Photographer's Note

The town of San Pedro de Macorís is a coastal community located seventy kilometers east of Santo Domingo. In 1867 a decree from the National Congress opened its port located on the mouth of the Higuamo River to foreign exportation/importation, but it was not until 1879 that the sugar cane industry was established, initiating the tremendous progress that was made there during the next 50 years. In the late 19th century Cubans who were fleeing their country's War of Independence brought their extensive sugar cane farming knowledge to the country and contributed to making the sugar industry the most important economic activity in this area. At that time the first sugar factory was founded by Juan Amechazurra and began milling on January 9, 1879. His success with sugar cane crops encouraged many of his compatriots to imitate him, bringing many workers to San Pedro de Macorís in search of jobs in the flourishing mills. By 1894 there were many factories in the province, industrial development was progressing rapidly, and the young city was thrust into a position of influence and prominence in the Republic. The city reached its peak during the first quarter of the next century when sugar production enjoyed high prices on the international market as a result of the First World War. During the 1920’s San Pedro de Macorís had the most sugar mills and was the third most populated city in the country, following Santiago de los Caballeros and Santo Dominigo. During that time, San Pedro de Macorís was known as “the City with the Dance of the Millions” due to the economic conditions provided by the flourishing sugar industry. When sugar cane prices were at their peak in the 1930’s San Pedro de Macorís was considered the economic center of the entire country. The current economy of the region relies heavily on agriculture, still primarily the sugar industry. As of 1995, the province contained 5 sugar mills, four of which were state owned and one privately held. Sugar production has suffered in recent years as a consequence of low international prices, a lack of diversification, management problems within the sugar industry and destruction from Hurricane Georges in 1998.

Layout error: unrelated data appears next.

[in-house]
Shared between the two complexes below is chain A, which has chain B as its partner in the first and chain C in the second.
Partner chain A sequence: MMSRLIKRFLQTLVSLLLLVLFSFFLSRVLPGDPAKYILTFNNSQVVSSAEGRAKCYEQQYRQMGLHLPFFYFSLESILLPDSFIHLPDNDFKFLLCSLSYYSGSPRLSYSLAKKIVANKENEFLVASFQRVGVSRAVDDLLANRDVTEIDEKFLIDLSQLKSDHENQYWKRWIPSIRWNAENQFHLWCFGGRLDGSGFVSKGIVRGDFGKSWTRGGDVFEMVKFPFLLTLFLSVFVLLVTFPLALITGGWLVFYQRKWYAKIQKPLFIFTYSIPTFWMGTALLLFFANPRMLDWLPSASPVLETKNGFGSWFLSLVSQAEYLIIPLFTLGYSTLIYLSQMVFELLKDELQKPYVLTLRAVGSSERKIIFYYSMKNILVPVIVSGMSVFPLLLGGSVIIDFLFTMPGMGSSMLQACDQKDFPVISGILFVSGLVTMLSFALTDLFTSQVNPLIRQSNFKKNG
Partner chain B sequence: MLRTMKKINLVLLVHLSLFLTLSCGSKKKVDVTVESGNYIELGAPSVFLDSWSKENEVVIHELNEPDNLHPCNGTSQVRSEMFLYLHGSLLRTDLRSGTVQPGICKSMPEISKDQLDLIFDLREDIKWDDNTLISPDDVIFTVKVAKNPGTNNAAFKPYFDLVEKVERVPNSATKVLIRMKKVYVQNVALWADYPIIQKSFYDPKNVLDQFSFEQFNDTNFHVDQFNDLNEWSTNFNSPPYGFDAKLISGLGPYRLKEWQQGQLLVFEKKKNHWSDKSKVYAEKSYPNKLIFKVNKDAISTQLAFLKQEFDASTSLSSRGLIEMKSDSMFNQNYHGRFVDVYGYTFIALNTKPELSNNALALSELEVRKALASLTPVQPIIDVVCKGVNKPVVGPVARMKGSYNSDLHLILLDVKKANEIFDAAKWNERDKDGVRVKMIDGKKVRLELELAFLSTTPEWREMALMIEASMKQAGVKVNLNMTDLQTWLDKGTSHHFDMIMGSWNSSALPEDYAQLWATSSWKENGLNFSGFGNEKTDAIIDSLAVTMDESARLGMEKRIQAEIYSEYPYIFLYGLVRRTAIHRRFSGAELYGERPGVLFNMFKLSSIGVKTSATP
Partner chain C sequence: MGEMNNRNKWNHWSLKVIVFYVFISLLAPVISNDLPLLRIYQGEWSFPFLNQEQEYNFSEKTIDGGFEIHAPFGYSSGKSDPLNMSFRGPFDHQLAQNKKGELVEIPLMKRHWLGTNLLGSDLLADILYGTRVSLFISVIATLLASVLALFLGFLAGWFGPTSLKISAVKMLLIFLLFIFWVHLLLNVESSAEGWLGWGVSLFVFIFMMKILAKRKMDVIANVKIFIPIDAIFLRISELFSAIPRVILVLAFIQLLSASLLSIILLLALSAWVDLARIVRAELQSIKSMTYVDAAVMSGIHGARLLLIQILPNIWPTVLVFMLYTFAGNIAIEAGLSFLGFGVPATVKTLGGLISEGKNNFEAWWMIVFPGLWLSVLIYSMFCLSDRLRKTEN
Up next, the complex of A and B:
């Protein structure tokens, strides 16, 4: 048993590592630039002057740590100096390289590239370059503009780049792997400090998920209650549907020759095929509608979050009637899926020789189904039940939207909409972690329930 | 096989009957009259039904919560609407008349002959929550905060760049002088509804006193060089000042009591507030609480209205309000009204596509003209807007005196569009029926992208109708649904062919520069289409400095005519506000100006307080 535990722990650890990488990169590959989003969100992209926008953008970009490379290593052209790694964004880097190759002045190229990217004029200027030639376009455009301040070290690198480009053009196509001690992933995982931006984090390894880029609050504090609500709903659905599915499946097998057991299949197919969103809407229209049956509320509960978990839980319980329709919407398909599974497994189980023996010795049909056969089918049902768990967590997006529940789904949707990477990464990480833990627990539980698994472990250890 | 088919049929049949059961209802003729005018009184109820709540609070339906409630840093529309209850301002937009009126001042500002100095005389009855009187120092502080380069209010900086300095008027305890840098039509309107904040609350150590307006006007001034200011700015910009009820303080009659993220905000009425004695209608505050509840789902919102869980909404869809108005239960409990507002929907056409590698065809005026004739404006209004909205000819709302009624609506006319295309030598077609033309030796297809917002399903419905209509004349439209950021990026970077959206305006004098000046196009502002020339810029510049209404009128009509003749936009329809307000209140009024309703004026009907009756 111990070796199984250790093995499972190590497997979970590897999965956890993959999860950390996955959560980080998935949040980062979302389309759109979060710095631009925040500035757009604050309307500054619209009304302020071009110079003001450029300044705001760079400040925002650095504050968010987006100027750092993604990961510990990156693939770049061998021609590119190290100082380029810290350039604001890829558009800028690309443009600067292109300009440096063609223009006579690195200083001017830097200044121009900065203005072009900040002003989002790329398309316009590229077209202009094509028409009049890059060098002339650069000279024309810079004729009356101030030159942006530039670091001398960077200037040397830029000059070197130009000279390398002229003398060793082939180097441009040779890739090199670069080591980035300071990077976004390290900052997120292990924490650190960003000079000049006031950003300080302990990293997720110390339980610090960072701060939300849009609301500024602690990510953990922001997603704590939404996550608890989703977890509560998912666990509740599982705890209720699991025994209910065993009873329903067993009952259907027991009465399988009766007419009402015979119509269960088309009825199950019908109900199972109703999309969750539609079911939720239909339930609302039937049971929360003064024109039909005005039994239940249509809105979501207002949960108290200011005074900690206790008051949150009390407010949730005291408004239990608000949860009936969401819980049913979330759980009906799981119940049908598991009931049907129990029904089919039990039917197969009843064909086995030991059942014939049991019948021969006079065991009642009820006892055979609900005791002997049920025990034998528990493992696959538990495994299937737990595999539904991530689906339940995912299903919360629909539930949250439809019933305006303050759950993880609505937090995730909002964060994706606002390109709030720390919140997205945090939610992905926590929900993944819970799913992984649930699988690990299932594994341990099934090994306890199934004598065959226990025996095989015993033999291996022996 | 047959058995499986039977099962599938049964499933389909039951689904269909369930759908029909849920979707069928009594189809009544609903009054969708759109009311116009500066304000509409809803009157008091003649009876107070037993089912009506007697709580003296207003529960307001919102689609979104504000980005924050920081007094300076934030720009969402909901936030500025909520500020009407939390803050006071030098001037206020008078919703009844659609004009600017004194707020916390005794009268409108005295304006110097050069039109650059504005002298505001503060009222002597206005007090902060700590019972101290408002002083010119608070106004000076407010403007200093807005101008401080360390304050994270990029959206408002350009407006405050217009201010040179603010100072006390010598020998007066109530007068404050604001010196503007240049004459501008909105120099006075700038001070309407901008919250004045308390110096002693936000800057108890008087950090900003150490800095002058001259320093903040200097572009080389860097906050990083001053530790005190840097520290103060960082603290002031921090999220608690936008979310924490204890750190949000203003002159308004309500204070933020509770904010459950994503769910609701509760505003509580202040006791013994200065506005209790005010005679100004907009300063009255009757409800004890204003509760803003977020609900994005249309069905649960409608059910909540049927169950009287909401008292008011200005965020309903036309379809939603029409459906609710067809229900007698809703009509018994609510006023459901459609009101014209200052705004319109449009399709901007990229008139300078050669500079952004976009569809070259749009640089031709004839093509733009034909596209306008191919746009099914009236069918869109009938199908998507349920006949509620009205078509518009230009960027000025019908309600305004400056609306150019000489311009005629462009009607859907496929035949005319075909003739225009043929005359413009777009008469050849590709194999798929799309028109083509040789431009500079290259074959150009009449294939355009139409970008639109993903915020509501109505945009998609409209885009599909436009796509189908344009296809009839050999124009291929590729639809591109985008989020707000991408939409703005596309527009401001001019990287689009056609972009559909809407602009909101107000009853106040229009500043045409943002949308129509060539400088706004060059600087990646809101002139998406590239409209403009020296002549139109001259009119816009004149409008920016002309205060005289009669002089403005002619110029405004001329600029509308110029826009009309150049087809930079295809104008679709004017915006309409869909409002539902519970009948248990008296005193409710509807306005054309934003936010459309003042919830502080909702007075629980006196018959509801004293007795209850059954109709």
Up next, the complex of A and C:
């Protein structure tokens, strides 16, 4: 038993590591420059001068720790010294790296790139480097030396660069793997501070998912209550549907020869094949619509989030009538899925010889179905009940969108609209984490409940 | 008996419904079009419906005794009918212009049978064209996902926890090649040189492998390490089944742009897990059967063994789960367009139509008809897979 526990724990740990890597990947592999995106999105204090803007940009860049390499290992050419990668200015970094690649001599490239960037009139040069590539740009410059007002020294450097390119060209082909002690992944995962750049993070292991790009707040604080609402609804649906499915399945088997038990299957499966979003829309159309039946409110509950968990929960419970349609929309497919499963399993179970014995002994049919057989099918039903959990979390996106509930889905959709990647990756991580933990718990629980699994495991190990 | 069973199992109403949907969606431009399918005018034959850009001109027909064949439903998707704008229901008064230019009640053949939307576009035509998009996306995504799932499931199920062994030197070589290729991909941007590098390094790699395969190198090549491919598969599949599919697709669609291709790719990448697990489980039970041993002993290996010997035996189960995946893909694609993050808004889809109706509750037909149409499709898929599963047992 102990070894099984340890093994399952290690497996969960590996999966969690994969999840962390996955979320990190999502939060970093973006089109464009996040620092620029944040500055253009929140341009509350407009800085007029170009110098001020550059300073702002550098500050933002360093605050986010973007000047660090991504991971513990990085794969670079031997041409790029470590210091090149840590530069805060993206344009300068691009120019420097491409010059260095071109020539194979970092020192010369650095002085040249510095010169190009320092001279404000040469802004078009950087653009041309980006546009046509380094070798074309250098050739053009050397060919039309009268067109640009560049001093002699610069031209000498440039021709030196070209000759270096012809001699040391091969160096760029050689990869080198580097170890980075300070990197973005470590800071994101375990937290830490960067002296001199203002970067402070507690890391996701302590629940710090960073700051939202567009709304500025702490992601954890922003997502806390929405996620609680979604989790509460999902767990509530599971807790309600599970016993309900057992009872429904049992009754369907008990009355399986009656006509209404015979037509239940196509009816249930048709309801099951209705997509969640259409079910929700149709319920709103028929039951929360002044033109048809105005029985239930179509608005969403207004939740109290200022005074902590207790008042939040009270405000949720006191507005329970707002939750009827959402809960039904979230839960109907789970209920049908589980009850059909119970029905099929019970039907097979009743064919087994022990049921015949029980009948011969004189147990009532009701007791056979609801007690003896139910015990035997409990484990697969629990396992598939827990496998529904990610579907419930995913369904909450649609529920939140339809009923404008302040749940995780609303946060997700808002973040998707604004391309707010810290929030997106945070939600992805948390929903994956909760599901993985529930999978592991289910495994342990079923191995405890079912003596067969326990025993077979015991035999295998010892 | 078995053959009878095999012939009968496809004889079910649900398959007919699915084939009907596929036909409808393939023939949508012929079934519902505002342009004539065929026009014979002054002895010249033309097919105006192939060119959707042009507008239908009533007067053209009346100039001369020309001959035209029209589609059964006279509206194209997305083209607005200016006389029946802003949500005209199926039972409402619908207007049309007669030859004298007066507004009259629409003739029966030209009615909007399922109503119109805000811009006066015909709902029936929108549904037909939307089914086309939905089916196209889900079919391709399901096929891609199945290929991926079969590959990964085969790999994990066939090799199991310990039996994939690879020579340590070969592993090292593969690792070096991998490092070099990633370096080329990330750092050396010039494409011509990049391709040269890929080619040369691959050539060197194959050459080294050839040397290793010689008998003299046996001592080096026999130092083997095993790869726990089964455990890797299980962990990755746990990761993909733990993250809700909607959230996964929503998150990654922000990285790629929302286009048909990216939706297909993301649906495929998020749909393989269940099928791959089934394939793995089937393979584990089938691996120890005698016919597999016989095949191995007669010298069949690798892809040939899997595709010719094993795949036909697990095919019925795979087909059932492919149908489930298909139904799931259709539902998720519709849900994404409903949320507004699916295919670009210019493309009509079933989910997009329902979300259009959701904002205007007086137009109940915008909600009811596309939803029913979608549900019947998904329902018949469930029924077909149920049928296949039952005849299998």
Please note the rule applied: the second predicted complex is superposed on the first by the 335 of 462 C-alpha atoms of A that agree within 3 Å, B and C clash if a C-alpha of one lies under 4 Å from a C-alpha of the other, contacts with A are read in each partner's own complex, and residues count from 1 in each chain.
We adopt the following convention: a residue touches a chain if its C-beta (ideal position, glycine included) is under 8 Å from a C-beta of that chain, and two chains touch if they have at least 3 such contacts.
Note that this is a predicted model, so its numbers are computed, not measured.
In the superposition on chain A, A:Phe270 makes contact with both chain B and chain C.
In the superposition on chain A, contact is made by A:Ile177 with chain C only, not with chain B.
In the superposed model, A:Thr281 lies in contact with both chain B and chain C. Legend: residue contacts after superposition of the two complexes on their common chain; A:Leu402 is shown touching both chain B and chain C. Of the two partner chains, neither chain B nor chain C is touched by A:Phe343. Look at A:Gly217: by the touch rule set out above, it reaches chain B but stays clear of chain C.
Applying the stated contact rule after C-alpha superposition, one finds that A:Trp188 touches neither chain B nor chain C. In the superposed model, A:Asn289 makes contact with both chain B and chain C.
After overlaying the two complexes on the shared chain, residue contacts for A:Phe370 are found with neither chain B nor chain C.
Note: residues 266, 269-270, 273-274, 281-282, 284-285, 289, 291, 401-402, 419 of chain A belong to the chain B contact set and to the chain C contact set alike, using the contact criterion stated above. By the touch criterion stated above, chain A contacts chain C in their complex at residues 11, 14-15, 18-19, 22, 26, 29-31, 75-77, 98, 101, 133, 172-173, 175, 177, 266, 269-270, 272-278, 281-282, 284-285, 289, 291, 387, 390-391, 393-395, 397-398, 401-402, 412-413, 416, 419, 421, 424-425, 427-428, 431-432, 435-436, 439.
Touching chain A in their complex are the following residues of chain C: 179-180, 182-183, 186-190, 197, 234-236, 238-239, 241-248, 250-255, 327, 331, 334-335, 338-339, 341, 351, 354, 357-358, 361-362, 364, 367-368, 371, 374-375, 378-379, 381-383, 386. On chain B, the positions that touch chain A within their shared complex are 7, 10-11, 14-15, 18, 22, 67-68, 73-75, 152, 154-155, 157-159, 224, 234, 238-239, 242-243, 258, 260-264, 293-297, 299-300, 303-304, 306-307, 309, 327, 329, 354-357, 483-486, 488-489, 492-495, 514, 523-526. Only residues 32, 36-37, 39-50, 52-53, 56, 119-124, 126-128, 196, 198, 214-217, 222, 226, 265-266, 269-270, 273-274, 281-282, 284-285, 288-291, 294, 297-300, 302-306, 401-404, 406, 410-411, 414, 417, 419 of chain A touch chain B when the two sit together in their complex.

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Additional Photos by Herb Allison (herbnallison) Gold Star Critiquer/Gold Star Workshop Editor/Gold Note Writer [C: 66 W: 65 N: 132] (1109)
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